Thursday, July 19, 2012

Introducing the Kittens

During my Peace Corps years I lived with a Costa Rican family that became as close to me as anyone in the world with whom I do not share DNA (Husband excepted, of course). They not only provided a bed and beans, they laughed at my first jokes in stumbling Spanish, nursed me through a vicious bout of the measles (really!), and kept me from destroying the friendly diplomatic relations our countries have shared for centuries. When my term was up, I left this family with tears and hugs and promises that I'd be back soon.

I was not back soon.

Twenty years went by between the time I got on the plane and when I walked back in the front door of the house where I'd spent so many wonderful hours drinking coffee and laughing with my darling Tica mama, Chena.  I wanted Husband and the Boys to experience this part of my life, but I also felt like a proud mother cat showing off her beautiful kittens for the first time. Chena baked a cake for Boy#1's in-country 15th birthday and exclaimed at how tall and blonde our children were.

I thought of that last Friday when Emily came to visit. Emily was our favorite babysitter when the boys were babies, a student in one of Husband's accounting classes who clearly had a gift for child care. Cheerful and quiet, she exuded a calm that settled our often chaotic home. The Boys loved to see her coming up the walk--I loved it even more. She read endless books, took walks, played with them in the yard, fed and bathed them, and let me leave the house for a few hours with total confidence in her competence.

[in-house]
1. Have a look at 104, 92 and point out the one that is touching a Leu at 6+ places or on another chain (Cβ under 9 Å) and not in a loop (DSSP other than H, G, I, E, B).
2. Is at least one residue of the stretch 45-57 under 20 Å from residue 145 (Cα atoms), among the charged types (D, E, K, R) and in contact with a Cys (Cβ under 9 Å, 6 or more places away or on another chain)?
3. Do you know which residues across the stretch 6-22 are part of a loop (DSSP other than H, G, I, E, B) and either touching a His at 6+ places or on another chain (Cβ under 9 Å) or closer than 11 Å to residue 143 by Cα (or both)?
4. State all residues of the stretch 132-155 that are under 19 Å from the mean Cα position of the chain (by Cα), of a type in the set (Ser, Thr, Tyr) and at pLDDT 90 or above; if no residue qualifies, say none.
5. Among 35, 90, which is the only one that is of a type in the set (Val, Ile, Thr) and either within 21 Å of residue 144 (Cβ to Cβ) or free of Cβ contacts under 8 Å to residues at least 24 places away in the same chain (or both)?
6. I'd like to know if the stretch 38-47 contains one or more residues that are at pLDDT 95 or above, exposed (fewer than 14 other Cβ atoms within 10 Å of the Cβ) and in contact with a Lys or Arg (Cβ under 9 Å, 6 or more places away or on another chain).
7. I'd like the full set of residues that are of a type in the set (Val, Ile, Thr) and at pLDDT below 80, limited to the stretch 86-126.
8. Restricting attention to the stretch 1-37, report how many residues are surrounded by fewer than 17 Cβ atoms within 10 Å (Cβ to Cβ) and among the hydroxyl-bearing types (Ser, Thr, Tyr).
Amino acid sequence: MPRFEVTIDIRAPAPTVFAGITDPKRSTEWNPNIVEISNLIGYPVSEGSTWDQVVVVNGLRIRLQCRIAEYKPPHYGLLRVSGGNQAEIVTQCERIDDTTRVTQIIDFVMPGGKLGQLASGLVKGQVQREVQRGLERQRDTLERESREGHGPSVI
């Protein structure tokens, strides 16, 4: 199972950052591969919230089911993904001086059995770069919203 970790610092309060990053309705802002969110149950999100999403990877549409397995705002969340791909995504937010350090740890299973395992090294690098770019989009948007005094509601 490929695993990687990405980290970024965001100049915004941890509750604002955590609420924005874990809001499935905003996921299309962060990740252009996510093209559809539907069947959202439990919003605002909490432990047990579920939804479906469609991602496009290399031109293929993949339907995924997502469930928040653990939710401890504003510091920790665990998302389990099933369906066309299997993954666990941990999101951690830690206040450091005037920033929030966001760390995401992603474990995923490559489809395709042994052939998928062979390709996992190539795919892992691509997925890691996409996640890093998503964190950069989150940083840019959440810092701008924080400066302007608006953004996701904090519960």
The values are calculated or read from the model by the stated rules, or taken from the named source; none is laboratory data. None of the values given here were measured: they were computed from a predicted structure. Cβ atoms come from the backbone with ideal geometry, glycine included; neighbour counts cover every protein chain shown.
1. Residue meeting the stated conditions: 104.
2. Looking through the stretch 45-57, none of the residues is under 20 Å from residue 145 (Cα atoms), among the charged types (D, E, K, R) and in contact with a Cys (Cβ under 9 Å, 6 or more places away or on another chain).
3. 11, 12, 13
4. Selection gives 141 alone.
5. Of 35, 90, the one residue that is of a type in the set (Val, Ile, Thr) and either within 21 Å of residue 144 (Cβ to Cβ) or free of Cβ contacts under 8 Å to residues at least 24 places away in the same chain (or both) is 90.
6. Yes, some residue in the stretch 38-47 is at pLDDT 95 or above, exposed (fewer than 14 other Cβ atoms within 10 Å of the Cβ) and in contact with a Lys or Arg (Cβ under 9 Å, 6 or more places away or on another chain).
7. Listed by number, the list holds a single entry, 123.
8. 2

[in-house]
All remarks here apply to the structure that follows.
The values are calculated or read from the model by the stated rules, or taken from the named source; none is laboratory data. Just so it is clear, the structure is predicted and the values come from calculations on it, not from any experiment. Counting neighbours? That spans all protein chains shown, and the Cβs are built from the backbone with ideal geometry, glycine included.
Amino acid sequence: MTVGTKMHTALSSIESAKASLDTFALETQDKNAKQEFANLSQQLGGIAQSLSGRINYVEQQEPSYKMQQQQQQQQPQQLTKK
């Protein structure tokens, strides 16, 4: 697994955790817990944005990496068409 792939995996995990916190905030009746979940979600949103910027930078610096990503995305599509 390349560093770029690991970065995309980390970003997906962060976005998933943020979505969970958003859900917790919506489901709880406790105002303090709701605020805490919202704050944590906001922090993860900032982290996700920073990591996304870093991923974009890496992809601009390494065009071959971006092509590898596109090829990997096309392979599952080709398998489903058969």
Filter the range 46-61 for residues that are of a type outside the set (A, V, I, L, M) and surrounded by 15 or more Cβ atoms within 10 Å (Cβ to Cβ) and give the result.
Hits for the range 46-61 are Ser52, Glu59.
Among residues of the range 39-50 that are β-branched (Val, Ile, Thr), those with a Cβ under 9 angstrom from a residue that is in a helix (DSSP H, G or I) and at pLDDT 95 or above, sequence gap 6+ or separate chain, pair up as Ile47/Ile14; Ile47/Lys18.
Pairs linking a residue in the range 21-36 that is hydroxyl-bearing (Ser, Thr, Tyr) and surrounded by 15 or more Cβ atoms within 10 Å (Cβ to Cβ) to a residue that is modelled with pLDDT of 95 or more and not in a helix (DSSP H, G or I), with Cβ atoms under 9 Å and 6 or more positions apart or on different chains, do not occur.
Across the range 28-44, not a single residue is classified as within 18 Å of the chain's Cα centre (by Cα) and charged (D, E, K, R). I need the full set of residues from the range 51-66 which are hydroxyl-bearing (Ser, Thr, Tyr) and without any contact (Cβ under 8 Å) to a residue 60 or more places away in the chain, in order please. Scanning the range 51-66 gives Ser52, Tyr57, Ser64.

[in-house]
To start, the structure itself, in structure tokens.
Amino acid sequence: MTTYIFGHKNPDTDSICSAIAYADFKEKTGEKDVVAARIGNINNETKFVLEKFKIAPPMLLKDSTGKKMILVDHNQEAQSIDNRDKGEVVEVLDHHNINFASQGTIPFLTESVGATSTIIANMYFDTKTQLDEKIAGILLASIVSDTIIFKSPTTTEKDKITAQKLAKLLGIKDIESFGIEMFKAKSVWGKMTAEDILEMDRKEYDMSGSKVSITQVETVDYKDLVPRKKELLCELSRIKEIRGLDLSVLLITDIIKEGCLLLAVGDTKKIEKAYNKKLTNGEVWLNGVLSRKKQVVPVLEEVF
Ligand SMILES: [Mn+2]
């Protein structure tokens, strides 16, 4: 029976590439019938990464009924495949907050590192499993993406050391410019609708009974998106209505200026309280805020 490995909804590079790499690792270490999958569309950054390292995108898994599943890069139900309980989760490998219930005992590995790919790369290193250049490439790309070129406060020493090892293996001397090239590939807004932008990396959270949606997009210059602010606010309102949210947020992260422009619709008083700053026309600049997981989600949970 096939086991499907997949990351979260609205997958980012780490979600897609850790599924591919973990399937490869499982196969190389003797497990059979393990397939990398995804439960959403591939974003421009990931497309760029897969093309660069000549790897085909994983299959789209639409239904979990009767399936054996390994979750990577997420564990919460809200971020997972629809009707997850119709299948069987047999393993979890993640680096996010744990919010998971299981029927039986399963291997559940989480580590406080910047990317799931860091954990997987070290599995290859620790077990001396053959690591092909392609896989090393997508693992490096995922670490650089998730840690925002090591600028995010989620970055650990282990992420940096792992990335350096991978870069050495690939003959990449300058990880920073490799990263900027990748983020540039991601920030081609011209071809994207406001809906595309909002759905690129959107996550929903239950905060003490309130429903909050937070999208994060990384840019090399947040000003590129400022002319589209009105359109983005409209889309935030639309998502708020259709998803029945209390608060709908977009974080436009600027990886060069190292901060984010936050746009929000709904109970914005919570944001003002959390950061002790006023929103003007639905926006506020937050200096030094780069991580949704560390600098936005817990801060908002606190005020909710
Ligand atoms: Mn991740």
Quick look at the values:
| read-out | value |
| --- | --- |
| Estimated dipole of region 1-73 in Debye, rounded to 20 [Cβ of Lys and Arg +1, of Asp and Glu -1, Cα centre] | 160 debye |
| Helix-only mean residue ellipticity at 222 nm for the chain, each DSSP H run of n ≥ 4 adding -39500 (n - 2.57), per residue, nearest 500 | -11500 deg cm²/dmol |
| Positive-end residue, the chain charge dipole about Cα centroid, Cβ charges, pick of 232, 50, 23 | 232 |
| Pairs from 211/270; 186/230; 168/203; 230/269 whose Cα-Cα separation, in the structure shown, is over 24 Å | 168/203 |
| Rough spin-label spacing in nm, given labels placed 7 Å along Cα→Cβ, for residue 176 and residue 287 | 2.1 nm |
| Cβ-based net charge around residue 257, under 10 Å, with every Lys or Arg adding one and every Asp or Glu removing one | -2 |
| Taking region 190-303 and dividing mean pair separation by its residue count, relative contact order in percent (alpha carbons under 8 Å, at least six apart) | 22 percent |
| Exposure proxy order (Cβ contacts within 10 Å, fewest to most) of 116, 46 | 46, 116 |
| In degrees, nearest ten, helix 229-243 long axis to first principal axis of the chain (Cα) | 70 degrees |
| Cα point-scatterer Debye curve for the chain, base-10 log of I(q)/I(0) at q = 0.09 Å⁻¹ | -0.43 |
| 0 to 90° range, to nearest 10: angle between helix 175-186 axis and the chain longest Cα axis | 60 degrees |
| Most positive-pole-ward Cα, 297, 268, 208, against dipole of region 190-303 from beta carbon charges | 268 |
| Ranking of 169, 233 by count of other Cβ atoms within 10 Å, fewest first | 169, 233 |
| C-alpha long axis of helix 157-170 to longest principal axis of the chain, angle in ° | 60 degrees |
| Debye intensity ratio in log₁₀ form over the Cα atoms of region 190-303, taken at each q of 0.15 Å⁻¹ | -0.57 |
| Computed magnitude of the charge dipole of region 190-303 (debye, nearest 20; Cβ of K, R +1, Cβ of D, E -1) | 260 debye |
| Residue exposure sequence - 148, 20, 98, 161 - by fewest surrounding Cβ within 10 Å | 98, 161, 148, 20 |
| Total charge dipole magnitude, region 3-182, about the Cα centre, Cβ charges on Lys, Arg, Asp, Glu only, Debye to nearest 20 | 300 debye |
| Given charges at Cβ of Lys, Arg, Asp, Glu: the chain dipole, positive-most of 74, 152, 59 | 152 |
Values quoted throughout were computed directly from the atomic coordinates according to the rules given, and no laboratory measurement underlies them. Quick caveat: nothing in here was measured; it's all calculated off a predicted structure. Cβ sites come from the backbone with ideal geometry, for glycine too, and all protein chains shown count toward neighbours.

We lost touch with Emily after she graduated from Small College, but through the miracle of Facebook we reconnected a few years ago. She's living in Idaho now with her husband and three daughters, and her vacation this year included a trip down memory lane to Small College. The darling girl who was our babysitter now has three darling girls of her own and she brought them back for us to meet.

During lunch we laughed and reminisced about those years in the late 1980s when E was part of the family.

"Your mom was the only one I really trusted with the Boys," I told her daughters. "She was the one who was there when Boy#2 fell and broke off his front two teeth, and she was taking care of Boy#3 when he had the bad reaction to his baby vaccinations."

Husband looked over at Emily and laughed. "You know, I'm beginning to wonder why we kept asking you back--you had some nasty experiences with our boys."

Emily, who is normally the most gentle of women, responded tartly.

"Maybe it's because you knew I absolutely loved your Boys."

That, right there, is why we loved her, then and now. It's impossible to not love someone who loves your children.

And in that moment I knew how Chena had felt when I brought Husband and the Boys to meet her. As we had known she would, Emily had become a lovely mother of delightful children of her own. My heart grew two sizes during Friday's lunch, as I saw that promise fulfilled. Emily and the girls left with hugs and promises that they'd be back soon.

These promises cannot always be kept, as my experience in Costa Rica proved, but my heart still is larger after that visit.

Emily, your kittens are beautiful.

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